The Los Angeles Kings haven't won a playoff series since they raised their second Stanley Cup in 2014, and they're back in the postseason Monday night for the first time in four years.
Both teams desperately want to overcome their recent disappointments by recapturing the success of their franchises' glory days. They've first got to get past each other in an opening-round series that pits Edmonton's world-class offensive talent against Los Angeles' defensive tenacity.
“I’m excited to be back, and excited for this group to be in this position and get the experience,” said Kings captain Anze Kopitar, one of the three healthy remaining members of Los Angeles’ championship teams along with Jonathan Quick and Dustin Brown.
The Oilers are the higher seed, but that was also the case in their two playoff series over the previous two seasons — and both times, Edmonton was routed.
The Kings' defensive play against McDavid and Draisaitl seems to be the obvious key to the series, because while McDavid and Draisaitl are two of the greatest players of their generation, Edmonton’s lineup around them and newcomer Evander Kane is hardly awe-inspiring.
“Everyone has bought in on their side,” McDavid said Sunday. “They play a really structured game and don’t give up a ton, and we certainly understand it’s going to be low-scoring games, tight checking, one-goal games.”
Los Angeles chokes the neutral zone with its 1-3-1 formation and attempts to stifle all offensive creativity. The Kings' top two centers, Kopitar and Phillip Danault, are both superb defensive players leading the effort to frustrate the Oilers, who scored a whopping 51 more goals than LA in the regular season.
“It makes a world of difference," said Kings coach Todd McLellan, McDavid’s coach for the first 3 1/2 seasons of his career in Edmonton. ”Kopi has won a couple of Cups. Phil has been to the finals as recently as last year (with Montreal). ... They get game management. They get situations. It’s not just their skills. Their brain to understand what’s going on around them and anticipate is maybe their best skill.”
BEHIND THE BENCH
The coaches in this series know each other well: Jay Woodcroft was McLellan's assistant in San Jose and Edmonton.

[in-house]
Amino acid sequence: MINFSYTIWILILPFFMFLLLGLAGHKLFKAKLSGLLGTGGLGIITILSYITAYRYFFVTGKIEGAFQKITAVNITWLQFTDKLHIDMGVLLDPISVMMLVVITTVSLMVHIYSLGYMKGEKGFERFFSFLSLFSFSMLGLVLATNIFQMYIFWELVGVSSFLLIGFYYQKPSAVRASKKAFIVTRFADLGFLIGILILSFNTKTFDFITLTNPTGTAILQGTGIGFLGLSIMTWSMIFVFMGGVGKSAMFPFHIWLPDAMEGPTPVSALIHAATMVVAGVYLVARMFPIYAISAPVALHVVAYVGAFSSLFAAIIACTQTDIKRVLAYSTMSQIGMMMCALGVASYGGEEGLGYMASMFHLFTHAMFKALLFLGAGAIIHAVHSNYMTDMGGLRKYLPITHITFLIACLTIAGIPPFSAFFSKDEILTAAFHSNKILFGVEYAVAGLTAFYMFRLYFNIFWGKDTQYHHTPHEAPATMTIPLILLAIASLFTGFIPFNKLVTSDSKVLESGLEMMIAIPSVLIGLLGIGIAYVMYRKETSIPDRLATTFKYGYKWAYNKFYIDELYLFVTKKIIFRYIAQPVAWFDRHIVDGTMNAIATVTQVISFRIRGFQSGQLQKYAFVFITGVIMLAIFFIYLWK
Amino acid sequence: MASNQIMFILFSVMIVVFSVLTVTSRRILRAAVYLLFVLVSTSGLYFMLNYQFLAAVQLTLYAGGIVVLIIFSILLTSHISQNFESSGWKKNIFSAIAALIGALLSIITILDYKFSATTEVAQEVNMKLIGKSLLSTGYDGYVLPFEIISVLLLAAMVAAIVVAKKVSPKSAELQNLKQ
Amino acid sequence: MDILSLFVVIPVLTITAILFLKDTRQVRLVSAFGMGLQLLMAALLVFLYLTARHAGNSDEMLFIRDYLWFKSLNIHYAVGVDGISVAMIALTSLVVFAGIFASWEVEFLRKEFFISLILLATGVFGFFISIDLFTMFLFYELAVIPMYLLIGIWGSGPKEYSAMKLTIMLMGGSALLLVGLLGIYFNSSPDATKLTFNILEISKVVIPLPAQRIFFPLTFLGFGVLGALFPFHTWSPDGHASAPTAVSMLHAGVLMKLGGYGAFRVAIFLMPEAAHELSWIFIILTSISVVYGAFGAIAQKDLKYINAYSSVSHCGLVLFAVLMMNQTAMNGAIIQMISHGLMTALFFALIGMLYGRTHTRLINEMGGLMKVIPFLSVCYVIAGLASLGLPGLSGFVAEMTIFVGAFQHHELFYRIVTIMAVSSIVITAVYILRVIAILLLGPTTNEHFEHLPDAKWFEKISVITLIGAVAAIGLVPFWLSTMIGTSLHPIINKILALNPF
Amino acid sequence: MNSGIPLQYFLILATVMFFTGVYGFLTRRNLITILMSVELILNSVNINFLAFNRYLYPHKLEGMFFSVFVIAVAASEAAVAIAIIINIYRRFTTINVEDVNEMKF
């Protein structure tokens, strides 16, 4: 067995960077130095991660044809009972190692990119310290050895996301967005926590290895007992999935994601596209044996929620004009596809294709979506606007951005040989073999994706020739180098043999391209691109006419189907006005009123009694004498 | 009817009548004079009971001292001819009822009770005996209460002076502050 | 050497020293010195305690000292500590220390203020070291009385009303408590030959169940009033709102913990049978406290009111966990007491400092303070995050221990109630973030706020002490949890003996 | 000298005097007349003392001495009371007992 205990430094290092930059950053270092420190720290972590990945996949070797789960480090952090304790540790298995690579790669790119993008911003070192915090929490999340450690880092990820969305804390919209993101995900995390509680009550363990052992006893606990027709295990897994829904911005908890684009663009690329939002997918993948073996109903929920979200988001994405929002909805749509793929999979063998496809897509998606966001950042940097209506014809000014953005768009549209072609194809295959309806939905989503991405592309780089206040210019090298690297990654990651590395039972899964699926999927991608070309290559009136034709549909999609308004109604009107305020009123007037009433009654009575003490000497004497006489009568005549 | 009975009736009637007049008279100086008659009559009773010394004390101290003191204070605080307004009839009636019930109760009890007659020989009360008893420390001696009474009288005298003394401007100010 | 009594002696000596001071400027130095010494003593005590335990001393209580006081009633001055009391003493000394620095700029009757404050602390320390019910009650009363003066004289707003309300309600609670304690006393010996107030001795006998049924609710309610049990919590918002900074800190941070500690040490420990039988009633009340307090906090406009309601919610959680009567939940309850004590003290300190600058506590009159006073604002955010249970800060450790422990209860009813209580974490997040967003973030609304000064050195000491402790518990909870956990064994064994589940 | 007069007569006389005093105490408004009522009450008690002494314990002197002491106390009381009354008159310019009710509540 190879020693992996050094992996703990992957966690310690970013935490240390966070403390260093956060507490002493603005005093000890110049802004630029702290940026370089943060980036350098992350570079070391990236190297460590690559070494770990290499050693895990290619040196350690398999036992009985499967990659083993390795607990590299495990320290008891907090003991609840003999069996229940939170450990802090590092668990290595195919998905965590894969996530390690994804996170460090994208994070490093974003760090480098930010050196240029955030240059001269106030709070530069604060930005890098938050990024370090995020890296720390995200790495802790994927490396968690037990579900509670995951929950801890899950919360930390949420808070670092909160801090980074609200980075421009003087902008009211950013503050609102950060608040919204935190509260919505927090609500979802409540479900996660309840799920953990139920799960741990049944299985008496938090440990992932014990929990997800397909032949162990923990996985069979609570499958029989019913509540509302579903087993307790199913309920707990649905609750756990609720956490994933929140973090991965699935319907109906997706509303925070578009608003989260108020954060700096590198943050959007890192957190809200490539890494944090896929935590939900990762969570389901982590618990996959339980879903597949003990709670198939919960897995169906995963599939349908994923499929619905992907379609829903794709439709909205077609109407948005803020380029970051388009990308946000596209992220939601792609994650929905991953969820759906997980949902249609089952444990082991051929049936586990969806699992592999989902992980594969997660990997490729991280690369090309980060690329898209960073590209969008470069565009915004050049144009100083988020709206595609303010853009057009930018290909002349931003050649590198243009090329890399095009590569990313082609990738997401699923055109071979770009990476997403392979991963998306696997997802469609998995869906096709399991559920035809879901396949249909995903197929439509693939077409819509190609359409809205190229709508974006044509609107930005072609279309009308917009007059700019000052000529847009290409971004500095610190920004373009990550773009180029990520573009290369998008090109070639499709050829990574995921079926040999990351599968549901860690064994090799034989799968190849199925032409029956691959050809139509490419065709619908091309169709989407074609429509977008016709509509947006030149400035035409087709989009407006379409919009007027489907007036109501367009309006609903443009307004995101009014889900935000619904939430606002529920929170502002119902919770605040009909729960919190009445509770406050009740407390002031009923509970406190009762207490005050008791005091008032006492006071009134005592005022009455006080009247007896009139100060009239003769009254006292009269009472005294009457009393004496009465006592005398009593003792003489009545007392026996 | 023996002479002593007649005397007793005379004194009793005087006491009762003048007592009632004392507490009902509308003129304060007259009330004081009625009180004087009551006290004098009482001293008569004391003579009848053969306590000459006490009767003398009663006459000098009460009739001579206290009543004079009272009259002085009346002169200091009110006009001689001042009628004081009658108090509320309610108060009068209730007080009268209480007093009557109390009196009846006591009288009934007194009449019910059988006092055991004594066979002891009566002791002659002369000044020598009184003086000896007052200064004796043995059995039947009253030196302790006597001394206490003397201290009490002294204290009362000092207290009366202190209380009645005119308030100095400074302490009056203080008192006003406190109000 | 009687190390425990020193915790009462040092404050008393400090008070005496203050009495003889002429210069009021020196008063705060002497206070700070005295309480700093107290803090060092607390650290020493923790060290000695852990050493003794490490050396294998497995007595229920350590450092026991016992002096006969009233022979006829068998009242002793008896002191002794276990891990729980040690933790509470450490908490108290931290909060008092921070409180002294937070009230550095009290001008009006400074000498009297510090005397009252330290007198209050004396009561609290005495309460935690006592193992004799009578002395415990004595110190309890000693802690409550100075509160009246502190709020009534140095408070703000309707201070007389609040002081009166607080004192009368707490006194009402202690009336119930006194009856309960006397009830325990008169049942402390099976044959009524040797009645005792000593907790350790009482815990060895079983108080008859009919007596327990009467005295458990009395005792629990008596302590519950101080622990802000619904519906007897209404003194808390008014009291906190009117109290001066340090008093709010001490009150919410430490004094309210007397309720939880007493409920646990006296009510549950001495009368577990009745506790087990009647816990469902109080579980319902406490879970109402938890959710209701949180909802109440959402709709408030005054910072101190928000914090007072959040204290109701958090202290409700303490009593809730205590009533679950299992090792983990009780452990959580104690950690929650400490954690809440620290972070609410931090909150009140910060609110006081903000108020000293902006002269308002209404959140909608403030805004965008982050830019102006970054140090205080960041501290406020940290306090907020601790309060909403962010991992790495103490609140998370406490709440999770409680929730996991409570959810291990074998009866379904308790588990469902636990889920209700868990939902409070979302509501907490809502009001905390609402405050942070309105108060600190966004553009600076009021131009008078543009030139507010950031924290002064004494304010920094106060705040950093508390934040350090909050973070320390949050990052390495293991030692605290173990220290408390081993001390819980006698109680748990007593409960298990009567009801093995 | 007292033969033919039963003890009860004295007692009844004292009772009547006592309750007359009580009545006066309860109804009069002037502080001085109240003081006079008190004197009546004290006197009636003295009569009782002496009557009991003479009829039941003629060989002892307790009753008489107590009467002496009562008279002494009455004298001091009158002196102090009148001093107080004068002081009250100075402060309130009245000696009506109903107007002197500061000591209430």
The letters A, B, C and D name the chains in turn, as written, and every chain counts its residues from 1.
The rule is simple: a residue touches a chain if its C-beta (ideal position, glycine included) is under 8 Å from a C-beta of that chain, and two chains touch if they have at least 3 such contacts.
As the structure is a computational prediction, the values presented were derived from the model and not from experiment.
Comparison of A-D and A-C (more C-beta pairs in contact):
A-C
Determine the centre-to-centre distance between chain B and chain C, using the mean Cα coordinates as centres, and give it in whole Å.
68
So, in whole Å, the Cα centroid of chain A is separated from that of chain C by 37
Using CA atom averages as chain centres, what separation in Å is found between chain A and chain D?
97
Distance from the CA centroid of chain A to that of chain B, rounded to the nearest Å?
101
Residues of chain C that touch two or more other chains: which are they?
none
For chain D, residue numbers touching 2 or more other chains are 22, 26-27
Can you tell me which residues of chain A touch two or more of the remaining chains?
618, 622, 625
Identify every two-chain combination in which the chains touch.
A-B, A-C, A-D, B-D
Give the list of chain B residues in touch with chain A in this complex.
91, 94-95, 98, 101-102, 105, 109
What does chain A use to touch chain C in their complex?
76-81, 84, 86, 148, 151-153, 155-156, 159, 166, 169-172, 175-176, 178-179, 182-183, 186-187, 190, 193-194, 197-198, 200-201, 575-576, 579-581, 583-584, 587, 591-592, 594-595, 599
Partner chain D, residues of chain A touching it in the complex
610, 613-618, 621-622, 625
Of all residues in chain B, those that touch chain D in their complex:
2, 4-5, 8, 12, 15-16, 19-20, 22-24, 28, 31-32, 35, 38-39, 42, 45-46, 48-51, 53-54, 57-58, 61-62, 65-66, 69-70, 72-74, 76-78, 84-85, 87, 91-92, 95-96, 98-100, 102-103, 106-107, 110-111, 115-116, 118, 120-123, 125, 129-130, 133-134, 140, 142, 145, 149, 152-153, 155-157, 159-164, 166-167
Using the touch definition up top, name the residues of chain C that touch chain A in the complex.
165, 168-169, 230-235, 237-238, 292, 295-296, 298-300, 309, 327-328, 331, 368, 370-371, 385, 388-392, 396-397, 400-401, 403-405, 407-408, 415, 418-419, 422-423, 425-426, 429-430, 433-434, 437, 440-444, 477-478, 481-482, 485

McLellan has led a team to the playoffs for the eighth time in his 13 full seasons with three franchises. He did strong work to get the still-rebuilding Kings to this point, honing their defensive focus and coaxing a combined 100 points out of newcomers Danault and Viktor Arvidsson for an unimpressive offensive team.
While McLellan has ample playoff experience, Woodcroft is heading to his first NHL postseason after a promising start to his head coaching career. He sparked the Oilers to a 26-9-3 surge after taking over for the fired Dave Tippett in early February.
“They come from the same style of coaching,” McDavid said. “Woody definitely learned a lot from Todd. I think he definitely has taken some things from Todd, but he’s put his own touch on things as well. We obviously don’t play the same system, so they believe in some different things.”
The postseason is a hockey farewell for Brown, who announced his impending retirement late in the regular season. The former Kings captain has spent his entire career with Los Angeles, raising the Cup twice and establishing himself as a dependable two-way forward who plays a tremendous physical game.
Both teams have goalies who are turning back time.
Quick appeared to be nearly done with the Kings last season while playing mediocre hockey and essentially losing his starting job — which he had held since late 2008 — to Cal Petersen. The 36-year-old Quick has improbably rejuvenated his career this season, going 23-13-9 with superior numbers to Petersen while playing his unorthodox, entertaining style of netminding to perfection.
Edmonton appeared to be seeking a new goalie at the trade deadline, but couldn't find a deal. Mike Smith has obviated those concerns down the stretch, with the 40-year-old winning nine of his final 10 games and looking quite sharp.
Darnell Nurse is a key Oilers defenseman, but he hasn't played since getting hurt April 22. He participated in a full practice Sunday, but his status for the series hasn't been revealed.
More crucially, the Kings must finish the season without Drew Doughty, their cornerstone defenseman and the fourth remaining member of their championship teams. The former Norris Trophy winner is out for the season after wrist surgery.
THEY'VE GOT HISTORY
These franchises once swapped Wayne Gretzky, and the Smythe Division rivals met in the postseason seven times from 1982-92. They haven't met in the playoffs since.
Their first postseason meeting in 1982 was highlighted by the Miracle on Manchester — Los Angeles' comeback from a 5-0 deficit after two periods for a 6-5 overtime win in Game 3 of a series eventually won by the Kings. Gretzky then led Los Angeles to a series win in 1989 after going down 3-1 to the Oilers.
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